Article as posted on Medium written by: A.S. Deller

Managing the Existential Threat of Asteroids

Our Earth has been struck by asteroids countless times, mostly during the period immediately following our solar system’s formation — thankfully, when there was no life on the planet.

But numerous giant hunks of space rock have hit us in the billions of years since those early days.

Often the terms “asteroid” and “meteoroid” are conflated. They do, in fact, have different definitions. An asteroid is a very large chunk of rock and metal orbiting the Sun, while meteoroids are considerably smaller. When a meteoroid vaporizes in our atmosphere (creating that characteristic “shooting star” trail), it’s called a meteor. And when it makes it through the atmosphere and actually crashed into the Earth’s surface, we call it a meteorite.

The actual size range that classifies something as an asteroid rather than a meteoroid doesn’t have an exact lower limit, with the smallest usually considered “boulder-sized”. The largest known asteroid at this time is Ceres, at nearly 600 miles in diameter. Ceres lies in the asteroid belt between Mars and Jupiter and is such a large body that we also categorize it as a dwarf planet.


Meteor Crater, Arizona. At over 1 km (.74 miles) across, this crater was made by a meteor only 50 meters (160 ft) in diameter. CREDIT: NASA

When a meteor or meteorite hits our atmosphere or surface, it is generally not a threat to many people, and certainly would never be an extinction-level threat. One of the more recent and publicized of such occurrences happened over the Ural region of Russia on February 15, 2013, known as the Chelyabinsk meteor. This began as a 20-ton asteroid but burned off most of that mass in the atmosphere before exploding at an altitude of 18.5 miles with the energy of roughly 30 Hiroshima bombs. The shockwave blew out windows in six regional cities, injuring 1500 people.

This was the largest such meteor explosion since the larger Tunguska event in 1908 which flattened nearly 800 square miles of forest in Siberia. Without the benefit of modern technology to analyze the event, it is still unknown if the Tunguska explosion was caused by an asteroid or a comet, though based on the destruction it is estimated the object was anywhere from 200 to 600 feet in diameter.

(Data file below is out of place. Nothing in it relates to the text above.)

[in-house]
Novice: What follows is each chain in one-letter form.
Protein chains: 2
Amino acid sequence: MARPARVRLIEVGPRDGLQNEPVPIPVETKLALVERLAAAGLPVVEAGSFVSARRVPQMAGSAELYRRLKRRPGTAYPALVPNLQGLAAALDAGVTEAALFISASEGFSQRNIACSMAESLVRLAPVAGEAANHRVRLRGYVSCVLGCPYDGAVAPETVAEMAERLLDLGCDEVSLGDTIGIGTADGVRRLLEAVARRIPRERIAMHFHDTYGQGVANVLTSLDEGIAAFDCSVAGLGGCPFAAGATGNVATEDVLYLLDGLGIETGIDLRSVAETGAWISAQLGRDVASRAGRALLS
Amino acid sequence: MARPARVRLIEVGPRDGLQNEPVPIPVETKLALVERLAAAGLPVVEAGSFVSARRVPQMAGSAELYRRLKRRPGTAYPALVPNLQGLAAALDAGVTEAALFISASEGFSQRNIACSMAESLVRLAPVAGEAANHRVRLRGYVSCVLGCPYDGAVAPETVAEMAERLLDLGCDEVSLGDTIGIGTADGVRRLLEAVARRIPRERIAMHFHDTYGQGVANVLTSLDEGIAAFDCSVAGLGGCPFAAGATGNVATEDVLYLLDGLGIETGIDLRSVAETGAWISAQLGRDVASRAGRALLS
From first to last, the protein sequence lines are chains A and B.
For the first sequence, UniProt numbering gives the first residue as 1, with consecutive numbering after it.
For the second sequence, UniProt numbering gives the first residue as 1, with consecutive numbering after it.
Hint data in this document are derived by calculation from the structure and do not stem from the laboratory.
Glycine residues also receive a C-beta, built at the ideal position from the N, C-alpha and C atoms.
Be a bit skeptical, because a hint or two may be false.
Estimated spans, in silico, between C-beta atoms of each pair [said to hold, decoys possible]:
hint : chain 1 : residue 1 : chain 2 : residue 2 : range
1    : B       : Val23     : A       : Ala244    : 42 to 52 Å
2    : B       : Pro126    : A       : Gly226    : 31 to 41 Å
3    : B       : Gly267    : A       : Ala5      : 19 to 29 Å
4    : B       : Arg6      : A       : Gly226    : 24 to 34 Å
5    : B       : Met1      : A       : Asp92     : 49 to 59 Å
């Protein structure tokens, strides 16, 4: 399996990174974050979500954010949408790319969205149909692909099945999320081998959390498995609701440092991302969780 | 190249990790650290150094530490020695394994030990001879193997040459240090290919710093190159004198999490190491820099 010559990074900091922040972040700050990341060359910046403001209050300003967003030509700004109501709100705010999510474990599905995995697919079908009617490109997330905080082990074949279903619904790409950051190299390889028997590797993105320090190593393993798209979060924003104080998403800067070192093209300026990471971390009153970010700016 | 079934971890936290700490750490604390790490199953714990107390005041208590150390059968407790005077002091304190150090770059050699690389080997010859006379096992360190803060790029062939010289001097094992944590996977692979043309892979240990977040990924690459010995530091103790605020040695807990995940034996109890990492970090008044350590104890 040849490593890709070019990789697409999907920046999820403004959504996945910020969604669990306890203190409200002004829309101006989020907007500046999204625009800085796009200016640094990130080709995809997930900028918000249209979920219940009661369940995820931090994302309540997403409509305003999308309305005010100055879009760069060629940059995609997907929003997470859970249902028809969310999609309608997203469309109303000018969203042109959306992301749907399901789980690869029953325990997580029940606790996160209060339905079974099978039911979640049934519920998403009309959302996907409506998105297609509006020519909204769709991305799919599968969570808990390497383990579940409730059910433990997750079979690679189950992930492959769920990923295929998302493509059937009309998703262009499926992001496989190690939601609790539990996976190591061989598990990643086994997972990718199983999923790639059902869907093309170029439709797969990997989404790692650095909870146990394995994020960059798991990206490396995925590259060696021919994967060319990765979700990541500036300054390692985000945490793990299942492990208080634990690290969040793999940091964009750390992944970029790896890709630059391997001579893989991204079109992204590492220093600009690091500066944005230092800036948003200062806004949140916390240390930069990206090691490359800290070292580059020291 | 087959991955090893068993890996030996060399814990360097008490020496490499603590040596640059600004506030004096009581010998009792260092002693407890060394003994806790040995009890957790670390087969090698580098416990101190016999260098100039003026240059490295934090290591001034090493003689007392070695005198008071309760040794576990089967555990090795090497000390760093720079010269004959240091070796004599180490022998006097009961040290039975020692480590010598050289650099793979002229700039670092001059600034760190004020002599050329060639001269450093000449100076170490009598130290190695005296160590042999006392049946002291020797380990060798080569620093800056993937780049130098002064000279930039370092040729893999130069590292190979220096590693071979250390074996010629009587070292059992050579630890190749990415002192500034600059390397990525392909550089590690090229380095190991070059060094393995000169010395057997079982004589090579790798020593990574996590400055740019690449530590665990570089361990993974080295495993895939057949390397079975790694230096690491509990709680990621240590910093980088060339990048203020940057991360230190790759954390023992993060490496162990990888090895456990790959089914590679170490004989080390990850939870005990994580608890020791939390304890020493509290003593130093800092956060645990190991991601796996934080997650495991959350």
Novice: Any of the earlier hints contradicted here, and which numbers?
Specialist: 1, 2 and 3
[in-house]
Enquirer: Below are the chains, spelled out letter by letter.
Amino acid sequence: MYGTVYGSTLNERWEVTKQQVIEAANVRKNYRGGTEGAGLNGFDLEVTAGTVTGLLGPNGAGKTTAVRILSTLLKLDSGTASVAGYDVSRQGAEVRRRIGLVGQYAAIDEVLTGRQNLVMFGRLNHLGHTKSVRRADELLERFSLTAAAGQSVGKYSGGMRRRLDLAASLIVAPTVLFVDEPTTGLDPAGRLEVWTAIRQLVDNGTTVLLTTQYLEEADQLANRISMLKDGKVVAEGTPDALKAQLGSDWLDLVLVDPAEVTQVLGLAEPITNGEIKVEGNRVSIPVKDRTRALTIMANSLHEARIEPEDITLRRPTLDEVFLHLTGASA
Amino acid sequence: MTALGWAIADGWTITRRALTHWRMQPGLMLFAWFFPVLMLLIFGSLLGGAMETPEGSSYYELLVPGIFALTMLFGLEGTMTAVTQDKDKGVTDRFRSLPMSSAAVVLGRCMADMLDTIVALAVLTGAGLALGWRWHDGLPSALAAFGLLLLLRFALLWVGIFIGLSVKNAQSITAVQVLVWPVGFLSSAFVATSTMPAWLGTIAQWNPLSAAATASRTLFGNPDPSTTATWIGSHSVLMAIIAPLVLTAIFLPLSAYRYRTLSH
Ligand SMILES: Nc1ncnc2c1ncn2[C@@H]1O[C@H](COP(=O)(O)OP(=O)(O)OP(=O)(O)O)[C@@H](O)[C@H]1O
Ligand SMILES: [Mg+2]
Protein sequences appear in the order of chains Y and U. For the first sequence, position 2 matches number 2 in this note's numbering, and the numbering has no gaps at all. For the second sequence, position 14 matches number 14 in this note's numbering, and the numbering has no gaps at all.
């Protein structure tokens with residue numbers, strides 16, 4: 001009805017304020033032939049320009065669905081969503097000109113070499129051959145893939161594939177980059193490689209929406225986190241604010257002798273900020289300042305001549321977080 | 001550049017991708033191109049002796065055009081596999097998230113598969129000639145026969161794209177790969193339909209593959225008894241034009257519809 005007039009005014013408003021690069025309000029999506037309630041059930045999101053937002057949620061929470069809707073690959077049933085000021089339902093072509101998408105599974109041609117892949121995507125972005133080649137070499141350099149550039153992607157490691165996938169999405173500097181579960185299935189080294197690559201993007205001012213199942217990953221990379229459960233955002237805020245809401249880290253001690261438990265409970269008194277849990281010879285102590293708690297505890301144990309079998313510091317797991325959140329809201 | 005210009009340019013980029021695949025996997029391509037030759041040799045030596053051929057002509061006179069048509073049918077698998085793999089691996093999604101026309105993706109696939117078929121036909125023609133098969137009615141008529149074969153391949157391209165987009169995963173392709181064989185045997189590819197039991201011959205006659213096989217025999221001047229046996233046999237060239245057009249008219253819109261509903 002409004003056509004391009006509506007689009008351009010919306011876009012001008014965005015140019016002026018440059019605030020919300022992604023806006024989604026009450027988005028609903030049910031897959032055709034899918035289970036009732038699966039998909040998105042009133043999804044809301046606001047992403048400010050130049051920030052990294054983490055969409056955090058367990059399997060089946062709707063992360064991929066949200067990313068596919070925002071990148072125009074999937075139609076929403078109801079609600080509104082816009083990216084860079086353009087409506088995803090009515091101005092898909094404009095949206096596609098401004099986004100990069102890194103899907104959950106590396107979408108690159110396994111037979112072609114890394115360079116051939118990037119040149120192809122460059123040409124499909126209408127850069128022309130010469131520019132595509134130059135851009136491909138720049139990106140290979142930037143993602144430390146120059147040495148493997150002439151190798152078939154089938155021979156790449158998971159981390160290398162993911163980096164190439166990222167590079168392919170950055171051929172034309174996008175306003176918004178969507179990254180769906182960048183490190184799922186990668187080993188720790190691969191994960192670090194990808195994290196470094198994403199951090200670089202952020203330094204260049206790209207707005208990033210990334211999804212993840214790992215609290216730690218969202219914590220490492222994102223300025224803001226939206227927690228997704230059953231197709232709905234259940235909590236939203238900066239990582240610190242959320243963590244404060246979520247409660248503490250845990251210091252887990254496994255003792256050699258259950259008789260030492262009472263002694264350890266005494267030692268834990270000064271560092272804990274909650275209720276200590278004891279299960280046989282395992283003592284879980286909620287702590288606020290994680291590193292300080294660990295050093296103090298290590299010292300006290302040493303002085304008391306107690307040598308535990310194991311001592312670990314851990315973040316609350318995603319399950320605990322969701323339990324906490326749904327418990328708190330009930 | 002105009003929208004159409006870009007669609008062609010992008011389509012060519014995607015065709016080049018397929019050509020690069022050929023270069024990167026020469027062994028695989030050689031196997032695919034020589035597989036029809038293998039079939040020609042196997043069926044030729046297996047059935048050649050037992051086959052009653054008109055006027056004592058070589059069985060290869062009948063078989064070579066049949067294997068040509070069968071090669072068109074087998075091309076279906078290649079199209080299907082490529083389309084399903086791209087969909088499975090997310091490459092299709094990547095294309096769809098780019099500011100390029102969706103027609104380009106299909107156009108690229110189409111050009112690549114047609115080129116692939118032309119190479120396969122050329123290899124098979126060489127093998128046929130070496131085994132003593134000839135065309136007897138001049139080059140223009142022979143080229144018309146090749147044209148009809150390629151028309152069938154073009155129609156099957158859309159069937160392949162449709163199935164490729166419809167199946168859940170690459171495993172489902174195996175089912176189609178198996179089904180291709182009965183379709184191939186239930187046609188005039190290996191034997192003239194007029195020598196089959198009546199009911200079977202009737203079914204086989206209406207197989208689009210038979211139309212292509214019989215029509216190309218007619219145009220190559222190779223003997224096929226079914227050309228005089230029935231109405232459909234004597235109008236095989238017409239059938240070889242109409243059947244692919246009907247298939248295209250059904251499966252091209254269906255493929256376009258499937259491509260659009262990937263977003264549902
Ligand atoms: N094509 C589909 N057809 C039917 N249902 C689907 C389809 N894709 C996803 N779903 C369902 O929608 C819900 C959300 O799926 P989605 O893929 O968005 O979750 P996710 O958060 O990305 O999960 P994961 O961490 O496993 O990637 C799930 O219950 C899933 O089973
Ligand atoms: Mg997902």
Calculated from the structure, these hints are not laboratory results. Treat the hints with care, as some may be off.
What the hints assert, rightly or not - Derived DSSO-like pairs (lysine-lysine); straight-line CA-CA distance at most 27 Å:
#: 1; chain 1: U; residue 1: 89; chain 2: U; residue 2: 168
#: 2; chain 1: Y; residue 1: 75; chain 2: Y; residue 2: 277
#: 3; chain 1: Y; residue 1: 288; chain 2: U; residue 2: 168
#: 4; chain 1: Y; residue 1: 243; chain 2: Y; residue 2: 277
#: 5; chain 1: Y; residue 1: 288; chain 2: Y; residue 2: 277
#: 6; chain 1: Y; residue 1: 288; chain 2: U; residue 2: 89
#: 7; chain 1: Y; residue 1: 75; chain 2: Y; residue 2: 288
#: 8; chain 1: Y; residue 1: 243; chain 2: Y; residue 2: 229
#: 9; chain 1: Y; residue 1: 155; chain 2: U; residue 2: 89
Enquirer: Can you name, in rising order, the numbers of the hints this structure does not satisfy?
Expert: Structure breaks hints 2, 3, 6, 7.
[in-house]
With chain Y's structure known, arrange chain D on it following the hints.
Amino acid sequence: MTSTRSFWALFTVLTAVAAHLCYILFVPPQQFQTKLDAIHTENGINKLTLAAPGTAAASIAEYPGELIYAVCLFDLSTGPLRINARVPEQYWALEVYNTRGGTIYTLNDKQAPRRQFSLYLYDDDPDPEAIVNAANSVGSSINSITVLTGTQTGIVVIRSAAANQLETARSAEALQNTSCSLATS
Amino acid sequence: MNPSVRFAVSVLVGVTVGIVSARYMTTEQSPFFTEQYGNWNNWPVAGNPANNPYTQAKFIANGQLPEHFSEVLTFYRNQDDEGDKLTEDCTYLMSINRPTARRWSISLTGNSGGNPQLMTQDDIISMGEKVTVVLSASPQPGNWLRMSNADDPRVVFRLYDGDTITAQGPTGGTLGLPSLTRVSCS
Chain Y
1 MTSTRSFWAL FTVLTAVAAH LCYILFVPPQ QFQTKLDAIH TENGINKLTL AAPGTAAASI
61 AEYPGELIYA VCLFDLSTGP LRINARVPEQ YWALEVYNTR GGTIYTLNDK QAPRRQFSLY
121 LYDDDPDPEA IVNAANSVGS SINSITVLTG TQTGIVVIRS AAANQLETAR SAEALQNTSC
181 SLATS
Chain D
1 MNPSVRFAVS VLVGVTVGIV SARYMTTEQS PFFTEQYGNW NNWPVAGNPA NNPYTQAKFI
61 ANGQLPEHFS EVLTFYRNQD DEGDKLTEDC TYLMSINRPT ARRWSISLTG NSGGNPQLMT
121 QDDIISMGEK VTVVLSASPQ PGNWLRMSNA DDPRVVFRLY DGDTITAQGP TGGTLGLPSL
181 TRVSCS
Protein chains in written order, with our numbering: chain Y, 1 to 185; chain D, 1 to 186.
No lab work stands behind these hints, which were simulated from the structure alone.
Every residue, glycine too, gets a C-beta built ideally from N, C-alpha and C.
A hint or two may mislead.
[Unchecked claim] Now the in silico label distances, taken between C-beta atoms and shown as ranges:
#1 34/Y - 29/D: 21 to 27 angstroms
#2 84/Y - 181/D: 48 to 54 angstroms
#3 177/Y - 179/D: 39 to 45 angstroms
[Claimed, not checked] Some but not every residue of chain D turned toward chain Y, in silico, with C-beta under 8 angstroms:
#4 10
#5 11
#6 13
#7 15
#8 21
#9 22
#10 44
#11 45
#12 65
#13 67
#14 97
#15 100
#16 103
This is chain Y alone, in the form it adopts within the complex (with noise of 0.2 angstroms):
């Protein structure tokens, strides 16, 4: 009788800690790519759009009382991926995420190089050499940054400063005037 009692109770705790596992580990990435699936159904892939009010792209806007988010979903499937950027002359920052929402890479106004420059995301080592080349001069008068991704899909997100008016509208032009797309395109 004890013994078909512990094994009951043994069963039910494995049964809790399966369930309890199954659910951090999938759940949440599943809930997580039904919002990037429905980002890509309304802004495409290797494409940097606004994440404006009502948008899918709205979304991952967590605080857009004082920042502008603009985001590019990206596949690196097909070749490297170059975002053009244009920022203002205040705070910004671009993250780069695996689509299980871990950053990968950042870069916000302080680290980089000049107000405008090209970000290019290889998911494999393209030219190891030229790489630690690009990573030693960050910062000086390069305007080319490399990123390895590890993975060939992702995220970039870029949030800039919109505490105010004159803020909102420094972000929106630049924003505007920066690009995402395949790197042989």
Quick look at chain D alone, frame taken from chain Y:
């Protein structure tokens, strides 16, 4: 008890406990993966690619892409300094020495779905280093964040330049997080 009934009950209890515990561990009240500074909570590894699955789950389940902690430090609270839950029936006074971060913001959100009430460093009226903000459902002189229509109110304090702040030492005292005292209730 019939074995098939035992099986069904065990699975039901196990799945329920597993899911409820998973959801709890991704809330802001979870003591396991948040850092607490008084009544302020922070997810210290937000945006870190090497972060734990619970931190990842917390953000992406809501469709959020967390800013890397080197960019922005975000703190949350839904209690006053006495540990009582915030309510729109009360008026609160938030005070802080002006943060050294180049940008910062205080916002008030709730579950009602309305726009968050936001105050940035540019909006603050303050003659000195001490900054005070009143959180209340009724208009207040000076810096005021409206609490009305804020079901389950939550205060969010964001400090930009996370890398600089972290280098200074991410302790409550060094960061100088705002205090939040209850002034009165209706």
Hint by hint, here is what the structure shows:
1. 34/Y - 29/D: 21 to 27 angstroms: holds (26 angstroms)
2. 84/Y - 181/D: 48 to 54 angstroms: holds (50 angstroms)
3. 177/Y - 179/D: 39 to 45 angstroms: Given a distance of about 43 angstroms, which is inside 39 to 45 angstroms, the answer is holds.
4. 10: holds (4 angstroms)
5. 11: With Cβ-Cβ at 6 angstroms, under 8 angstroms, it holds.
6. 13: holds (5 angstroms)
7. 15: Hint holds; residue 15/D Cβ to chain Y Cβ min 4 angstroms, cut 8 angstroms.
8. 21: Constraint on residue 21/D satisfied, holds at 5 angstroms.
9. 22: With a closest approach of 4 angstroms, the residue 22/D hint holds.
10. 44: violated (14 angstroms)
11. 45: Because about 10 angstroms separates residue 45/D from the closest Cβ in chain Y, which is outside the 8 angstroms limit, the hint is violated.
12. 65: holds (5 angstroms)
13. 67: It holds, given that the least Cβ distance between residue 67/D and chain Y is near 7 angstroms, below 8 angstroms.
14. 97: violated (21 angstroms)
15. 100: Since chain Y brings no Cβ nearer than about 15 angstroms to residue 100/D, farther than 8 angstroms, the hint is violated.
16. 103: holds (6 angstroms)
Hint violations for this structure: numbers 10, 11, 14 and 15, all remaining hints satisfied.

There are about 175 known asteroid impact craters on Earth at this time. Arizona’s Meteor Crater (not so original a name, I know) was created about 50,000 years ago, while it is believed the gigantic crater off the Yucatan Peninsula was made 65 million years ago and accounts for the ultimate extinction of the dinosaurs.


This image, taken by NASA’s Near Earth Asteroid Rendezvous mission in 2000, shows a close-up view of Eros, an asteroid with an orbit that takes it somewhat close to Earth.

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Current spacesuits won’t cut it on the moon. So NASA made new ones.

When you have the chance to read my upcoming novel; TAC FORCE – Son’s of Khan, you will see how far mankind has come from where we are today. The story is centered around Moon Base Alpha and the opening of the first hotel on the
Moon. Most of the necessary resources like oxygen, water and food are being produced on base. Specialized equipment and processors have been developed to make sustainable living on the moon a reality.

When I see articles like the one below describing the new space suits astronauts of the Artemis project will wear, I see how far mankind and our technology must advance before a base like the one described in my novel is possible. We have a long way to go, but if we have the will, I am sure we will get there.


As astronauts get ready to go back to the moon and spend more time in space, they’ll need better gear to help them survive.


by Neel V. Patel

December 29, 2020


The upper torso of NASA’s xEMU design. NASA

A spacesuit is more like a miniature spacecraft you wear around your body than an item of clothing. It’s pressurized, it’s decked out with life support systems, and it’s likely to look pretty cool. But should the suit fail, you’re toast. 

No one has ever died because of a faulty spacesuit, but that doesn’t mean current models are perfect. Whether it’s for launch into space or reentry back to Earth, or for an extravehicular activity (EVA, colloquially known as a spacewalk), astronauts have never been completely satisfied with the gear they are forced to put on for missions. 

Fortunately, though, the flurry of new activity in space has meant we’re seeing more innovation in spacesuit design and performance than ever before. The suits look better, too. The emergence of new private vehicles like SpaceX’s Crew Dragon and Boeing’s Starliner means NASA astronauts going to the International Space Station are wearing new spacesuits that are extremely sleek and chic. In place of the baggy orange Advanced Crew Escape Suit (affectionately nicknamed the “pumpkin suit”) that space shuttle crews used to wear when launching into orbit, SpaceX and Boeing have designed something that is much more form-fitting and half the mass. Doug Hurley and Bob Behnken, the astronauts who went up on the Crew Dragon to the ISS in Mayremarked that they were extremely comfortable and easy to get on and off. Suits that are worn during takeoff and reentry are designed to protect astronauts from fire, and they plug into seat umbilicals that carry oxygen and cool air in case the cabin depressurizes for some reason.